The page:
The lone survivor of a deadly 1987 plane crash has broken her silence regarding the tragic incident.
Cecelia Crocker was only four years old when Northwest Airlines Flight 255 crashed near Detroit Metropolitan Airport, killing 154 of the 155 people on board. Somehow, Crocker managed to walk away from the crash, the sole survivor of a tragedy that took the lives of her entire family.
In a new documentary entitled “Sole Survivor,” Crocker discusses how the 1987 plane crash has affected her life. "I think about the accident every day. It's kind of hard not to think about it when I look in the mirror," she said, according to the Associated Press. "I have visual scars -- my arms and my legs. And I have a scar on my forehead."
Crocker, who was known as Cecelia Cichan at the time of the crash, suffered serious injuries from the plane crash. She has since tattooed an airplane onto her wrist as a reminder of the tragedy.
"I got this tattoo as a reminder of where I've come from. I see it as so many scars were put on my body against my will, and I decided to put this on my body for myself," she said in “Sole Survivor,” according to AP.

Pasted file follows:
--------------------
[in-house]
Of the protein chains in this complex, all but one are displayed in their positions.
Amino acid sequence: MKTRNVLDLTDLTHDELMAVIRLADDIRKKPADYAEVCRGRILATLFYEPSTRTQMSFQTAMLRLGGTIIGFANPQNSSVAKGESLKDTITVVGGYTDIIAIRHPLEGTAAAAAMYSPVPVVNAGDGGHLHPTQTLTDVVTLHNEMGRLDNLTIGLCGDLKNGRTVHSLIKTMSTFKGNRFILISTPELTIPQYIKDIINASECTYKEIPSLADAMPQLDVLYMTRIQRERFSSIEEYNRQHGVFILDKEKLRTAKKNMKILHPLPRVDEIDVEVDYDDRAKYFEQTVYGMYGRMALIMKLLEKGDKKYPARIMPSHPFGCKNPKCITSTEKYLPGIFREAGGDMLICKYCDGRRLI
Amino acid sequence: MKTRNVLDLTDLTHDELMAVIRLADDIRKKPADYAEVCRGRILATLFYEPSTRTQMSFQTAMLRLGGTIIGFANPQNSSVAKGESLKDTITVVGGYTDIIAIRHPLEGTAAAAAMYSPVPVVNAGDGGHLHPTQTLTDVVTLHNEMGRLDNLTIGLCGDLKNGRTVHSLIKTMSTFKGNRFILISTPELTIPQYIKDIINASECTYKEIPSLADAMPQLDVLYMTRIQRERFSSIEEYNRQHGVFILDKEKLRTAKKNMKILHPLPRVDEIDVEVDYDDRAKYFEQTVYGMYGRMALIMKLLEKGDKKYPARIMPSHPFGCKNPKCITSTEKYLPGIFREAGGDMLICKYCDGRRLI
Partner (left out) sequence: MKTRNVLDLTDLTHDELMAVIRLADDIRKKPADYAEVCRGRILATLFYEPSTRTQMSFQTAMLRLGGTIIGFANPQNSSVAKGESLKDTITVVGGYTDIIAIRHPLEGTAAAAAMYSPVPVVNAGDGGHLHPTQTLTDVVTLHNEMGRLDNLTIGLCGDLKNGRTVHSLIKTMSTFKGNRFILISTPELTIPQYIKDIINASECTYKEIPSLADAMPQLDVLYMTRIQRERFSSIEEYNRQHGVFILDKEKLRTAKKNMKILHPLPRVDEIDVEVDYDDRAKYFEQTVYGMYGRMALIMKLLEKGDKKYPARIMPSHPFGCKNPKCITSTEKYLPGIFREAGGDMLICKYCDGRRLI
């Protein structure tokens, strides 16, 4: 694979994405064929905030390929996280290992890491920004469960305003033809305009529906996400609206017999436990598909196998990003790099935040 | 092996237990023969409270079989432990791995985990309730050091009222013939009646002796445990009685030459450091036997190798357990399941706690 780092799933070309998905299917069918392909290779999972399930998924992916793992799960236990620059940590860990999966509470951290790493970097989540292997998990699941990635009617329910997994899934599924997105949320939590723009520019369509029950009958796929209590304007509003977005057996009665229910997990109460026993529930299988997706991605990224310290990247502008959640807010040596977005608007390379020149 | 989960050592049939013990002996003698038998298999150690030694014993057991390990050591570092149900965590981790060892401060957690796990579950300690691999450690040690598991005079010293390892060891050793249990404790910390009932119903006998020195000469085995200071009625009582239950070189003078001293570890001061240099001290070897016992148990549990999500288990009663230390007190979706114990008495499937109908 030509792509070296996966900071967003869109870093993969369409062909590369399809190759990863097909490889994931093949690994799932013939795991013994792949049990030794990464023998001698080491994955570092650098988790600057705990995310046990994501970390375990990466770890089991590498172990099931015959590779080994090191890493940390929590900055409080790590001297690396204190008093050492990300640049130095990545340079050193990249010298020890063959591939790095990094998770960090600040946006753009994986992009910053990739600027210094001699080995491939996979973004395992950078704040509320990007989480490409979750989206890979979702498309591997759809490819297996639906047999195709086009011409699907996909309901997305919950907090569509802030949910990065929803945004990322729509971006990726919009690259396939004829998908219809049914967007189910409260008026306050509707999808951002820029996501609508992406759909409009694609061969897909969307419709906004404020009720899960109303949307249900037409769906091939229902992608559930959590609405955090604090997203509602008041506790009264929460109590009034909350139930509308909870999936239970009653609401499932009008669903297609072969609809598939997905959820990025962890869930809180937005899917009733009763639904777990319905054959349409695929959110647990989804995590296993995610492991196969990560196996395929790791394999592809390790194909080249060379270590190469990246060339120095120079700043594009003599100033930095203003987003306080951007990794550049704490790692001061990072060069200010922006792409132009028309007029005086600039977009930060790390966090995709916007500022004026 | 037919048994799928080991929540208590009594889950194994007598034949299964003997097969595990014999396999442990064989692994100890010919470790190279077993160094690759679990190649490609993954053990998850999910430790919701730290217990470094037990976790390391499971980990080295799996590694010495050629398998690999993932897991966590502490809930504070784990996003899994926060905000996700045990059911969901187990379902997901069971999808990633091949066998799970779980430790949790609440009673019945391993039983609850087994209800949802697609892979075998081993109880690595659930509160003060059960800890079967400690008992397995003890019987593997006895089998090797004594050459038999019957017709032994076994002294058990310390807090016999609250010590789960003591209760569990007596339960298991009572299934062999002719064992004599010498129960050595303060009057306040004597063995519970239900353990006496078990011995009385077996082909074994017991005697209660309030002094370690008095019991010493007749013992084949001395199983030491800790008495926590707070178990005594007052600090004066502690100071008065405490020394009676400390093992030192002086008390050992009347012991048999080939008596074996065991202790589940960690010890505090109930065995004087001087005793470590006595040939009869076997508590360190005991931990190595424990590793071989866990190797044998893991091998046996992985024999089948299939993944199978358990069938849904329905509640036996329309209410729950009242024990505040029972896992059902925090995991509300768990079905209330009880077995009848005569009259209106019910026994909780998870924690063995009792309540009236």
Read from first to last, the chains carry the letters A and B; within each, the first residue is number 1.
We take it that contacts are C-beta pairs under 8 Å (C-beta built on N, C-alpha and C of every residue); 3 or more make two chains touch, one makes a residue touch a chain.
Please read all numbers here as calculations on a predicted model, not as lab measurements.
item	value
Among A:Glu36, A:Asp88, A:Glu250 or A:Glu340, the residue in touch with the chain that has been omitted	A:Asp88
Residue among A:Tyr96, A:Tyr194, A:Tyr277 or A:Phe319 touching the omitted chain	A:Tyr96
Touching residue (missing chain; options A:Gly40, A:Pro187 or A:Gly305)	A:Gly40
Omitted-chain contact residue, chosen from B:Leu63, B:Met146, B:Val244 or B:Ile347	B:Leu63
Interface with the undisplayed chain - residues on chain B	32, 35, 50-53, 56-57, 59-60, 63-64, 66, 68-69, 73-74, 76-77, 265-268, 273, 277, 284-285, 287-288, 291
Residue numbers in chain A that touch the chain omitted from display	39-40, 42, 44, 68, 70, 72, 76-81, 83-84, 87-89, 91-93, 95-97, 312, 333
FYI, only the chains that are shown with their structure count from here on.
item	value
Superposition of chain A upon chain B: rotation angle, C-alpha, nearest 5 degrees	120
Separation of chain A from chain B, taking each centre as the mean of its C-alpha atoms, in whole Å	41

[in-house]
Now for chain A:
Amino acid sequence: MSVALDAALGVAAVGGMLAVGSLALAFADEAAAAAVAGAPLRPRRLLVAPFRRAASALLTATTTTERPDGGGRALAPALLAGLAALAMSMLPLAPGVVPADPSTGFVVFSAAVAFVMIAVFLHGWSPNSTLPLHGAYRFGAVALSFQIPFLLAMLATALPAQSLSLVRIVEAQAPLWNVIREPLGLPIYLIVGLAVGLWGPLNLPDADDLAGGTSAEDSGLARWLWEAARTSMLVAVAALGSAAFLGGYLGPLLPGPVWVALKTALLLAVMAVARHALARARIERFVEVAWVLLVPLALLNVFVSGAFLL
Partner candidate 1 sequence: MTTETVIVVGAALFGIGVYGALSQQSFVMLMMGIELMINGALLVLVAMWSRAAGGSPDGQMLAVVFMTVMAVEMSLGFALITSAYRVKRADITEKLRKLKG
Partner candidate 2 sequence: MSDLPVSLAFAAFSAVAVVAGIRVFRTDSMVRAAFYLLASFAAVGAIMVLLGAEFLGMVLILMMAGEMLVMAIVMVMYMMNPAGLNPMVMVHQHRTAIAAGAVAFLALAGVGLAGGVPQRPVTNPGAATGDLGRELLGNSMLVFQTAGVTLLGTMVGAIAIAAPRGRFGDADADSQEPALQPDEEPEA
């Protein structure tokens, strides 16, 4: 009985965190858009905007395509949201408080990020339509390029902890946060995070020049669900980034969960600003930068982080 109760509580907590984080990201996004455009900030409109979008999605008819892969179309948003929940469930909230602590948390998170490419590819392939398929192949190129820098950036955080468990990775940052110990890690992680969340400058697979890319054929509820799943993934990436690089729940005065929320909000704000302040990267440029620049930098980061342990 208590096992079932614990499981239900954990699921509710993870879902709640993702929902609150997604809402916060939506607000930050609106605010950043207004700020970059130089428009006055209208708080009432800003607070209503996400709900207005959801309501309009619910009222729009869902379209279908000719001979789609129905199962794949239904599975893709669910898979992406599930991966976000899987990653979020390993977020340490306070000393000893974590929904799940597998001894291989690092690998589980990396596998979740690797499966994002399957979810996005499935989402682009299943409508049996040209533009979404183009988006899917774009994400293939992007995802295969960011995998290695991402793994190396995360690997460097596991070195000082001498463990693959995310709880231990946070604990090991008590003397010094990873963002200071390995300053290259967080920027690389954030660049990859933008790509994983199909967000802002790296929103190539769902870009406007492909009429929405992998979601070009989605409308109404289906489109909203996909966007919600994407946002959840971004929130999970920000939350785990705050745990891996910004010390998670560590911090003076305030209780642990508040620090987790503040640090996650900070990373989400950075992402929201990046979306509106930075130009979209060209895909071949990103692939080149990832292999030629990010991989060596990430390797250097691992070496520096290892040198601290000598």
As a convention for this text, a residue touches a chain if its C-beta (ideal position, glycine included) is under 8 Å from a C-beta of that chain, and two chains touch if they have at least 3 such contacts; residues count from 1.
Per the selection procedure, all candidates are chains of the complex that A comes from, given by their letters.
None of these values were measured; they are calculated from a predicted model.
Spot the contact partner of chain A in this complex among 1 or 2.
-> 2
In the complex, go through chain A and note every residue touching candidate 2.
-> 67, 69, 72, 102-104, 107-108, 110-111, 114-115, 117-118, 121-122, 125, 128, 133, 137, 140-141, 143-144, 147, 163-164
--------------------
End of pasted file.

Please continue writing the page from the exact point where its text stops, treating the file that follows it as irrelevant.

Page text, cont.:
On Aug. 16, 1987, Northwest Airlines Flight 255, bound for Phoenix, crashed into the Detroit suburb of Romulus. The plane had just taken off when it tilted, striking a light pole and suffering damage. The impaired aircraft clipped a nearby rental car building before plummeting to the ground, leaving a half-mile trail of debris and bodies in its wake.
In the aftermath of the incident, the National Transportation Safety Board attributed the crash to pilot error, stating that the plane’s crew had failed to properly deploy the MD-82’s wing flaps before takeoff. In addition, a malfunction in the plane’s cockpit warning system did not alert the pilots to the problem.
Crocker’s parents and brother were killed in the crash. She was raised in Alabama by her aunt and uncle, who did their best to protect her from the media, AP reports.
At first, she had a hard time processing the accident. "When I realized I was the only person to survive that plane crash, I was maybe in middle school, high school, maybe, being an adolescent and confused," said Crocker, in an interview with “Sole Survivor” director Ky Dickens. "So it was just extra stress for me. I remember feeling angry and survivor's guilt. 'Why didn't my brother survive? Why didn't anybody? Why me?'"
Still, Crocker refuses to let her tragic past affect her future.
"Flying doesn't scare me. I have this mentality where if something bad happened to me once on a plane, it's not going to happen again," Crocker said. "The odds are just astronomical."
Tom Barrabi is a reporter for the International Business Times. He graduated from Fairfield University in 2011, and has also written for Men's Fitness, Complex, GuySpeed, and...